Anatomy of Lightning Strike - RME111 - RWS200 - AWS310-SITE - AWS430 - RWCC - AWS310 - FOC201

Grounding and Lightning Protection in Vaisala Outdoor Installations Technical Reference

Document code
M211786EN
Revision
B
Language
English (United States)
Product
RME111
RWS200
AWS310-SITE
AWS430
RWCC
AWS310
FOC201
Document type
User guide

The potential difference between a thundercloud charge center and ground is estimated to be of the order of 10 million to 100 million volts.

Lightning strikes:

  • Only ~35 % of all lightning strikes are cloud-to-ground strikes in the northern hemisphere. Even less (~15 %) in the tropic.
  • Majority (80 … 85 % in Scandinavia) of cloud-to-ground strikes are negative. Positive strikes tend to double the current.
  • The average thickness of a bolt is 2.5 … 5.1 cm (1 … 2 in) and the temperature in the strike channel exceeds 30 000 °C (50 000 °F).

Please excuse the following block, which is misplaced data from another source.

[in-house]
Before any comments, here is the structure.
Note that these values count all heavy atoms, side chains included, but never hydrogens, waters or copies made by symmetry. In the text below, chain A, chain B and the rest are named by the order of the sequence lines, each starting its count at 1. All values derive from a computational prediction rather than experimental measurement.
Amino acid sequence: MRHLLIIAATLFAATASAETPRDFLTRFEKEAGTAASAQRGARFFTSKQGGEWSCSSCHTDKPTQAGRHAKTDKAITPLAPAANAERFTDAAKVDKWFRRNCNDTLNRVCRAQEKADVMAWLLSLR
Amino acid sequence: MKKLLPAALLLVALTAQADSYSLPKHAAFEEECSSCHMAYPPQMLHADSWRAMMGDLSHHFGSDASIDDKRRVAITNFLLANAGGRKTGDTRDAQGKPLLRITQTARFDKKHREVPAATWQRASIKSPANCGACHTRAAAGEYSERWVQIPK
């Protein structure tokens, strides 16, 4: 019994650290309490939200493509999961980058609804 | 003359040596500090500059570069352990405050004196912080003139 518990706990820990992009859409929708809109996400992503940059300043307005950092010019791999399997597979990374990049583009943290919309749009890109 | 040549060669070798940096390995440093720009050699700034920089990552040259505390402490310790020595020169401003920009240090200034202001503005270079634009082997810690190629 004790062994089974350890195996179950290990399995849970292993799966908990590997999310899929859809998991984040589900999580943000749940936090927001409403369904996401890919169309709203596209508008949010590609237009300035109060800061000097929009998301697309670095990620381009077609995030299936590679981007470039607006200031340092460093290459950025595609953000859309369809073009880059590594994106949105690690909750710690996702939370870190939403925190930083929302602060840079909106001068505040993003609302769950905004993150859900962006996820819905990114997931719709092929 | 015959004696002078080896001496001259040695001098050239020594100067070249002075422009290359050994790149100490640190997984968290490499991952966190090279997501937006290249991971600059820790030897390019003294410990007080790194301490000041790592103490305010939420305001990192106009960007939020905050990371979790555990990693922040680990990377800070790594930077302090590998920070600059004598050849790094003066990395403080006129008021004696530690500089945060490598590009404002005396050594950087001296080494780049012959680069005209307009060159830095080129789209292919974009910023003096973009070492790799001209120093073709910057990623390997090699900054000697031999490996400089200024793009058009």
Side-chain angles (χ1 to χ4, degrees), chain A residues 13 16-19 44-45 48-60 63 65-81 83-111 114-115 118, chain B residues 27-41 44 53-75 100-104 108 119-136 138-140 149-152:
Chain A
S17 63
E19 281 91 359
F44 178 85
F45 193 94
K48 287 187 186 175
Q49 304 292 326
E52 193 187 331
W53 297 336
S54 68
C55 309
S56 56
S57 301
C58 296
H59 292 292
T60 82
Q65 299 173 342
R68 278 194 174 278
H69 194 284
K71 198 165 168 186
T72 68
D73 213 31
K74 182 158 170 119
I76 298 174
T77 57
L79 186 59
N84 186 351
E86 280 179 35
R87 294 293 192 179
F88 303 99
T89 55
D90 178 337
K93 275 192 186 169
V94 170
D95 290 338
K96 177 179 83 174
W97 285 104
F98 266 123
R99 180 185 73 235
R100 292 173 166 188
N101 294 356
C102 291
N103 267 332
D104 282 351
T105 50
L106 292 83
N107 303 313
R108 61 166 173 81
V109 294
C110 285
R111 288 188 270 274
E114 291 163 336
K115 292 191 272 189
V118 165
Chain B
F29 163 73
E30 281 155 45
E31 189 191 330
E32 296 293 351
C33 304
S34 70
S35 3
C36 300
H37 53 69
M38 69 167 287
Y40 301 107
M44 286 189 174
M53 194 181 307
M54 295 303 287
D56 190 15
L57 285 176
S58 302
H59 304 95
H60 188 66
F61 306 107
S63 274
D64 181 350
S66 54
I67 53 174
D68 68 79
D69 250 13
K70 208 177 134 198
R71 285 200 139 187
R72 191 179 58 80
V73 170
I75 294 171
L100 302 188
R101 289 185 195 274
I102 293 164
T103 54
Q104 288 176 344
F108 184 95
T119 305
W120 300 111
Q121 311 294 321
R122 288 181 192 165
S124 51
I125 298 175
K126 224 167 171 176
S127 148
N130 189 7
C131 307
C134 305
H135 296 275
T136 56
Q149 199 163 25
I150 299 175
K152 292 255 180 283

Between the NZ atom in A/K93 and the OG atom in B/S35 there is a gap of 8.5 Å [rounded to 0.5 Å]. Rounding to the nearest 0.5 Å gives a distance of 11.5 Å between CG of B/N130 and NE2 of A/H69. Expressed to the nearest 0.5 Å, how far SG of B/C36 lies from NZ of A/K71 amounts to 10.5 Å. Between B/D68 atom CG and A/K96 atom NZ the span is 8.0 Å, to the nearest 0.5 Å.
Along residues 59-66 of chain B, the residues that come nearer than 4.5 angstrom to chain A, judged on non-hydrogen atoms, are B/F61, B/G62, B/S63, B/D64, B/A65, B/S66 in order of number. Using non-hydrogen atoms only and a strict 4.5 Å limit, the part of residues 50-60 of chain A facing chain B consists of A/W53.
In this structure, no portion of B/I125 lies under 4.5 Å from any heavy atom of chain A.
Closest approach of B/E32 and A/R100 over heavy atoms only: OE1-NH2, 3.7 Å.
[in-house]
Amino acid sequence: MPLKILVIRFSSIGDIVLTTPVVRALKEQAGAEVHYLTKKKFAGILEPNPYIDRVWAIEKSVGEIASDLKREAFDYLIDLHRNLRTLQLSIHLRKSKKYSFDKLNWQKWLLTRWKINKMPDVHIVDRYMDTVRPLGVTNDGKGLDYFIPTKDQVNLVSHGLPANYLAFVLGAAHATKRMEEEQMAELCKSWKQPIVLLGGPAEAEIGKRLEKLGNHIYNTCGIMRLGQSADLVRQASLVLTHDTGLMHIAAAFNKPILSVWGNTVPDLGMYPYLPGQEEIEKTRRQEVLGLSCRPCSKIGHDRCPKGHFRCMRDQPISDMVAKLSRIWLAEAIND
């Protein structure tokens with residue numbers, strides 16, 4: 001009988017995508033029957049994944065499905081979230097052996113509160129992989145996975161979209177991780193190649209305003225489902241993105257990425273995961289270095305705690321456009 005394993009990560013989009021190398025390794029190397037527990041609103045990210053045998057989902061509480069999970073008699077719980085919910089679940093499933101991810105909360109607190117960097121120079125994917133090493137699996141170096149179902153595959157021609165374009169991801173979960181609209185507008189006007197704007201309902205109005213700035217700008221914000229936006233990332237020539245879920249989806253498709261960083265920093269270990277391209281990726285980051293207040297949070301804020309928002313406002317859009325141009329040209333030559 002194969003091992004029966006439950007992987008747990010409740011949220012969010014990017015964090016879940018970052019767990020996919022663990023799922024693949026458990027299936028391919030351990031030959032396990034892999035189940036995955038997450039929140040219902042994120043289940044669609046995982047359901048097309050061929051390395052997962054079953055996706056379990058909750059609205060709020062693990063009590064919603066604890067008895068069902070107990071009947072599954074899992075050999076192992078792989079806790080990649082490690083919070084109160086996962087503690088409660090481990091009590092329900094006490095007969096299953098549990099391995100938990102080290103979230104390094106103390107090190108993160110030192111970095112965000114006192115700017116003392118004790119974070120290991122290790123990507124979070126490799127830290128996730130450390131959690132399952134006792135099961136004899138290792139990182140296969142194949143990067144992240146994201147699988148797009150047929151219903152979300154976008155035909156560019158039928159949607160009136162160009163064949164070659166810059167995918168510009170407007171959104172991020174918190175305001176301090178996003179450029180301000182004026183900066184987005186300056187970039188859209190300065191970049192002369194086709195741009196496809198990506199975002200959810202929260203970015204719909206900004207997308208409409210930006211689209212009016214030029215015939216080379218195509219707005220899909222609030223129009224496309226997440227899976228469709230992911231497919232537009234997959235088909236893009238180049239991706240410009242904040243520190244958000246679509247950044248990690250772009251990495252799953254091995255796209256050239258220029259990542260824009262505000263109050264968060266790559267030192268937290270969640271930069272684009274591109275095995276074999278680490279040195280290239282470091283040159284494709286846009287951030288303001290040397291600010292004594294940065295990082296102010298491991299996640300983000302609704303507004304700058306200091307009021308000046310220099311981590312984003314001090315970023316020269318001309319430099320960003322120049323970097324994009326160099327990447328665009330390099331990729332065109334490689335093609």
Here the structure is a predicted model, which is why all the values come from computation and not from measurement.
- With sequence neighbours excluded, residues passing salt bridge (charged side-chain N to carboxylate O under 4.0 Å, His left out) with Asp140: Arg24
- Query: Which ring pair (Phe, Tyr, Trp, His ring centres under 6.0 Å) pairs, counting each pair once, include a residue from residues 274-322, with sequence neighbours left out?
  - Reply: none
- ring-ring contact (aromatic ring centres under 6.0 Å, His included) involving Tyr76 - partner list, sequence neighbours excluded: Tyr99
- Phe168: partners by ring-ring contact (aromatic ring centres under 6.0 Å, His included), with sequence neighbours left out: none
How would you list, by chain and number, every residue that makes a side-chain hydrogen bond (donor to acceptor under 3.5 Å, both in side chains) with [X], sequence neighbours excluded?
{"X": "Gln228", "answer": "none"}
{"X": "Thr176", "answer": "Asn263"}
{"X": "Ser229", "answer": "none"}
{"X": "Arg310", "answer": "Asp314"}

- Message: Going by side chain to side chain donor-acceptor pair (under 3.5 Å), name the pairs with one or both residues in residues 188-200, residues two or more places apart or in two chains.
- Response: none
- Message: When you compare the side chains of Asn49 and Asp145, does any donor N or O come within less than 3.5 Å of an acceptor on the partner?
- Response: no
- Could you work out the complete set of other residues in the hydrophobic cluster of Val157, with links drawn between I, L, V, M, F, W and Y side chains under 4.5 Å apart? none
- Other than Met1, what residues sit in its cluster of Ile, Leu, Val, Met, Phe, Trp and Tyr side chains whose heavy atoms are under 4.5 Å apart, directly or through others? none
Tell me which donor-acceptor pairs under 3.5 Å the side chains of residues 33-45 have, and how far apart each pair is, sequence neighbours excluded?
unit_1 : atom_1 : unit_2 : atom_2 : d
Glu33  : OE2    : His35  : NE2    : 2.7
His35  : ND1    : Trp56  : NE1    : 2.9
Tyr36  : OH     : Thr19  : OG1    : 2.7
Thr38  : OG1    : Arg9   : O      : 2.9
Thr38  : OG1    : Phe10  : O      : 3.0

• Single-strike discharges (which amount to about half of the negative strikes) or multi-strike discharges are possible.
  • Up to 42 separate strikes have been recorded with 10 … 90 ms intervals. A more common number of repetitive strikes is two. Positive strikes are usually single shots.
  • The current pulse rise time is about 1 ... 20 µs (10 … 90 %) and the duration (to half-value) is 50 … 700 µs. Ground potential rise caused by the strike can last even longer.

Lightning strike current distribution (according to IEC 62305-1) is:

  • 0.1 % > 600 kA
  • 1 % > 200 kA
  • 10 % > 80 kA
  • 50 % > 35 kA
  • 90 % > 10 kA
  • 99 % > 3 kA

Standards recommend the following maximum values to be used when designing a lightning conductor (99 % confidence):

  • Current 200 kA
  • Maximum di/dt 200 kA/µs

Typical down conductors have inductance of the range of 1.5 uH/m. The voltage difference over a 10 m (33 ft) down conductor can be several megavolts.